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Works by unknown ‘Wireman’ in Philly art show

Sculptures by an unknown artist commonly called the Philadelphia Wireman, at the “Things That Do” group exhibition in the Fleisher/Ollman Gallery in Philadelphia.  (AP-Yonhap News)
Sculptures by an unknown artist commonly called the Philadelphia Wireman, at the “Things That Do” group exhibition in the Fleisher/Ollman Gallery in Philadelphia.  (AP-Yonhap News)
PHILADELPHIA, Pennsylvania (AP) ― Three decades after hundreds of strange wire-bound oddities were saved from the trash heap, an art gallery eight blocks from where they were dumped at a curb is featuring a selection of works made by a mystery artist now known only as the Philadelphia Wireman.

“What was unique about this was the discovery, how it was found, and how many there were,” said John Ollman, an expert in self-taught art whose Fleischer/Ollman Gallery has 29 Wireman works on view through Dec. 10. “They’re like a Western interpretation of what you’d find in western Africa. They’re personal power objects.”

They were found in the late 1970s or early 1980s by Robert Leitch, an eagle-eyed passer-by who spotted them curbside in bags and cardboard boxes on a run-down block of homes and rooming houses. Leitch loaded his car with what apparently had been set out as trash and turned out to be 1,200 pieces of wire-wrapped cocoons containing broken reflectors, mirror shards, crumpled cigarette packs, junk jewelry, coins and nails.

Leitch, whose identity as finder of the Wireman’s work was kept secret until his death, gave away some as gifts, thinking they had little value other than as urban curiosities until friends persuaded him to take part of his treasure-trove to gallery curator Ollman. He bought Leitch’s collection in 1984 and presented the work for the first time the following year, long before the concept of “outsider” art by people on society’s fringes was understood or accepted. Some accused Ollman of creating the pieces himself as part of an elaborate hoax; others condemned the aesthetic elevation of what they saw, literally and figuratively, as garbage.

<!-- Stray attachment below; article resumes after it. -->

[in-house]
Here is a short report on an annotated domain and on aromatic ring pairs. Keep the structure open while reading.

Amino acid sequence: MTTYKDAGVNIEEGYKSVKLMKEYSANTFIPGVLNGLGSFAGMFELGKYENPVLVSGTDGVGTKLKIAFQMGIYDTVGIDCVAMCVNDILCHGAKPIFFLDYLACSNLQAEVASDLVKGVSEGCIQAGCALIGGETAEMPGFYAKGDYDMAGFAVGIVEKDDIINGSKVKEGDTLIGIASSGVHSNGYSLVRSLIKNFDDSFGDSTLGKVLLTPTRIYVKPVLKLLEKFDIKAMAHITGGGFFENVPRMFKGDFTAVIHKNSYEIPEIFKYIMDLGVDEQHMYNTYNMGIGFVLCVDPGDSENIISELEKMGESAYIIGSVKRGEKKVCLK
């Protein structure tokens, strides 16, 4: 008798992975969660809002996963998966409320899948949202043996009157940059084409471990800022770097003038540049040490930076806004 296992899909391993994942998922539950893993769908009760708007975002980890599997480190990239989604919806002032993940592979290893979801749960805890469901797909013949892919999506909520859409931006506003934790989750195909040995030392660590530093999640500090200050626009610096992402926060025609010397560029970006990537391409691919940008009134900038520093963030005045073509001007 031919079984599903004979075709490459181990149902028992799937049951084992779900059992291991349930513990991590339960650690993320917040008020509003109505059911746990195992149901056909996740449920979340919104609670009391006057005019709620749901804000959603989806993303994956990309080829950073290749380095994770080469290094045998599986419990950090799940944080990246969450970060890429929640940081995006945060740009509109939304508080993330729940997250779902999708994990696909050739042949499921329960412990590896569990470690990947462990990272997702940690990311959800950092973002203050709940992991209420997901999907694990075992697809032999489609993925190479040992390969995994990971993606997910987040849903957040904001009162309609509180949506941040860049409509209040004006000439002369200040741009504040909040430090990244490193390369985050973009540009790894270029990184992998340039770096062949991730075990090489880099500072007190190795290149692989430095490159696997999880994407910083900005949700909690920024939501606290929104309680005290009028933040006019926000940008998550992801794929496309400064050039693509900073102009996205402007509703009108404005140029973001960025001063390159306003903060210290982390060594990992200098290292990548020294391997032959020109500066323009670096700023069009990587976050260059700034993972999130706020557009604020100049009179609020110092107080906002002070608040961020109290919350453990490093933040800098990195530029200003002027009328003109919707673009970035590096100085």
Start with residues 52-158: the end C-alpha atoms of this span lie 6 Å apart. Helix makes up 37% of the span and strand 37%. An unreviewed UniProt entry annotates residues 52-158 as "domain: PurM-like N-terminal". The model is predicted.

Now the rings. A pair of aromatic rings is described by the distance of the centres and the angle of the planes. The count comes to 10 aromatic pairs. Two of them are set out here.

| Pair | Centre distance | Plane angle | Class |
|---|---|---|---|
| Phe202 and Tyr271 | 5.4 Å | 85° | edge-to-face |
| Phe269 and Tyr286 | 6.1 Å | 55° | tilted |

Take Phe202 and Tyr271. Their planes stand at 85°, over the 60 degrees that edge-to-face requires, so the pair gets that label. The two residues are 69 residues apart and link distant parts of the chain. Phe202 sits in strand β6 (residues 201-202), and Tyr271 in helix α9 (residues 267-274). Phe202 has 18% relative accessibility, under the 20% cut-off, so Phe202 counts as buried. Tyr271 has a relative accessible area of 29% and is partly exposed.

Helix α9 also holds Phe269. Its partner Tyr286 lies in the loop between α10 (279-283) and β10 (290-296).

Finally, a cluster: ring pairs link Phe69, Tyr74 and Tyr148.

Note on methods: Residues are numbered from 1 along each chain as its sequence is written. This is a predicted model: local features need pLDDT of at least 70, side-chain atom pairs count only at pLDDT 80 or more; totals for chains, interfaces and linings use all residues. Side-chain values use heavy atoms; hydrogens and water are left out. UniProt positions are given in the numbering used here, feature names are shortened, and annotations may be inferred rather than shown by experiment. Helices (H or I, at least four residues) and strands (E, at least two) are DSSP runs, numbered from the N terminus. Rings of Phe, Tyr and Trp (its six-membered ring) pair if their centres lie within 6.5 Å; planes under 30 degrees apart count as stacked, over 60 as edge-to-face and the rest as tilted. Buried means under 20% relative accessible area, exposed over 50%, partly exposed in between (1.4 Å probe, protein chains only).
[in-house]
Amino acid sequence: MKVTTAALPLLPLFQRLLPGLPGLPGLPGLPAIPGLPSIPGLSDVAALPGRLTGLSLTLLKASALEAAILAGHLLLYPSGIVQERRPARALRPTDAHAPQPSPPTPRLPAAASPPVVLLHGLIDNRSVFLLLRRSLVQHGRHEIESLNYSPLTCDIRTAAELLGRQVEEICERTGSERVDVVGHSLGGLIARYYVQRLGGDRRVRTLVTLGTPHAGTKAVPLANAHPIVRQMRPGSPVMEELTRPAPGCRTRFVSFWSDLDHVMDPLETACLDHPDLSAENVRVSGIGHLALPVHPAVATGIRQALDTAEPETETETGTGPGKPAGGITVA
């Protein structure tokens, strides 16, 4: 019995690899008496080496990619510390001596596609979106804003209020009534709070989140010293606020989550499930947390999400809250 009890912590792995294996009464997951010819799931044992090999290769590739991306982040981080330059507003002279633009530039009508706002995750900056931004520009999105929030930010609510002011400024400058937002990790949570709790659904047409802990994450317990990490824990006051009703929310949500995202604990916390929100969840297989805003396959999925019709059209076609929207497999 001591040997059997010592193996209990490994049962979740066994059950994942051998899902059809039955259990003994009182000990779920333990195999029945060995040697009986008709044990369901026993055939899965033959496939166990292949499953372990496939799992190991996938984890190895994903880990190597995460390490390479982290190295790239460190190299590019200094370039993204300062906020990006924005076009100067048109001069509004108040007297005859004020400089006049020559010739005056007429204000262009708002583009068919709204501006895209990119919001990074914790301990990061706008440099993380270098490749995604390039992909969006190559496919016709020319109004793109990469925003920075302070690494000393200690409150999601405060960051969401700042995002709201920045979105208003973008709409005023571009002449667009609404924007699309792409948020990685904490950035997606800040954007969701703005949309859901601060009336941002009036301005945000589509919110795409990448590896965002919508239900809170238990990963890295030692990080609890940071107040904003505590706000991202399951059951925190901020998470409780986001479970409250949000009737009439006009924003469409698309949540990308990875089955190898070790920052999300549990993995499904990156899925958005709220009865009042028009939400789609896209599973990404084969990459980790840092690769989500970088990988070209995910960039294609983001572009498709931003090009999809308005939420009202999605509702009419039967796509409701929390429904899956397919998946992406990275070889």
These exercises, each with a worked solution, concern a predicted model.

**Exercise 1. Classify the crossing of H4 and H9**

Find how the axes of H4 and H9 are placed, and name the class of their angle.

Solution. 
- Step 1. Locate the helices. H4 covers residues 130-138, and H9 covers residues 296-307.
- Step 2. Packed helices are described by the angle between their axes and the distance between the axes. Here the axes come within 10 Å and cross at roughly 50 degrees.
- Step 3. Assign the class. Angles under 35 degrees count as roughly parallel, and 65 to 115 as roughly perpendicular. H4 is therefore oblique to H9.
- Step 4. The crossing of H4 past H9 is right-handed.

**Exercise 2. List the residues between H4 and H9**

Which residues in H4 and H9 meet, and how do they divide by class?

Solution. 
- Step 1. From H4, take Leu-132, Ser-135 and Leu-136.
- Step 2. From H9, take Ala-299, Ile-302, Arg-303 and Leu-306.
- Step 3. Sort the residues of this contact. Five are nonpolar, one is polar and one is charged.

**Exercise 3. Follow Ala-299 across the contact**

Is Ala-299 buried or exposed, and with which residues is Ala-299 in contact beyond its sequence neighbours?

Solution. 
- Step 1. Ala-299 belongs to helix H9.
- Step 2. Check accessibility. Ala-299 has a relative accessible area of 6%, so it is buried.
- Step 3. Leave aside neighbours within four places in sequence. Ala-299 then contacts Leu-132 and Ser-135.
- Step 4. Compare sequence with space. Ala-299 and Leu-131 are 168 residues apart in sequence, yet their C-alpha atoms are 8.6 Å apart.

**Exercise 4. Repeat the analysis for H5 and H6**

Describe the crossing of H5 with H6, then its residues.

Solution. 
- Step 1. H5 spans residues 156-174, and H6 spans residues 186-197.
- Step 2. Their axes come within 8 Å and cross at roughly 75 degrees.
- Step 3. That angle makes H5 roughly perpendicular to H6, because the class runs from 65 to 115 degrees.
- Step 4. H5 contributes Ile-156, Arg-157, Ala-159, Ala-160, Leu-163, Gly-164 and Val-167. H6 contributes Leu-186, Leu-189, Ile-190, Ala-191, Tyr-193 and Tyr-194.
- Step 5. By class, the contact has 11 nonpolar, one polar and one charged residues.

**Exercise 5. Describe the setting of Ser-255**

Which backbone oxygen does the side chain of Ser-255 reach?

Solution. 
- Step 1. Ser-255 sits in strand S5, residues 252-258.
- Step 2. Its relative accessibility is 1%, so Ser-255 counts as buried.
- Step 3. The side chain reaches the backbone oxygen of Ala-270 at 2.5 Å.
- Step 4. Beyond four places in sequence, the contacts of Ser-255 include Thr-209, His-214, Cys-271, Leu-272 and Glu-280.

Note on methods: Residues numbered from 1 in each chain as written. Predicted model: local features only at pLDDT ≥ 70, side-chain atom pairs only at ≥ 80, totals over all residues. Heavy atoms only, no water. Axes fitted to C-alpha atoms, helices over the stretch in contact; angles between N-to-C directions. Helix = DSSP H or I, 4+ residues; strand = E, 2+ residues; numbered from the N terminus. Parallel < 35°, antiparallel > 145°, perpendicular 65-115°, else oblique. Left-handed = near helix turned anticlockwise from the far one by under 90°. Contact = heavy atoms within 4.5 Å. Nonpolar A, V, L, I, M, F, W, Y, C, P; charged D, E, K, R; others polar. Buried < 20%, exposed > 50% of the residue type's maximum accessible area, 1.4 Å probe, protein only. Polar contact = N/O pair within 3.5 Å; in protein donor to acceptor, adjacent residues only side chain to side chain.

“There was a great deal of hostility about presenting things like this as art ― it didn’t get press coverage, it wasn’t shown in museums,” he said. “It made lots of people very angry. They’d come in the gallery and you could just see they were just appalled.”

That has all changed. A museum in Baltimore, Maryland, is devoted exclusively to “visionary artists,” while esteemed institutions in the United States and abroad exhibit works by the self-taught from James Castle to Howard Finster and the Wireman himself (or herself).

A handful of fans snapped up Philadelphia Wireman pieces in those earliest days for $100, Ollman said. Now, the current show lists Wireman works from $2,200 to $9,000. Most are a size and shape that allow them to fit comfortably in your hand, like a talisman or relic. Some include several gauges of wire, tautly wrapped in very specific and painstaking ways that hide or highlight the items inside.

“There’s a lot of energy in the Wireman works,” said Cara Zimmerman, executive director of The Foundation for Self Taught Artists, a nonprofit group. “The things embedded in them ... speak to the city and to a life that’s being teased out in these objects.”

Among the assumptions about the artist: He was male (the heavy wire was bent by hand, requiring considerable strength) and African-American (they were found in one of the city’s oldest historically black neighborhoods).
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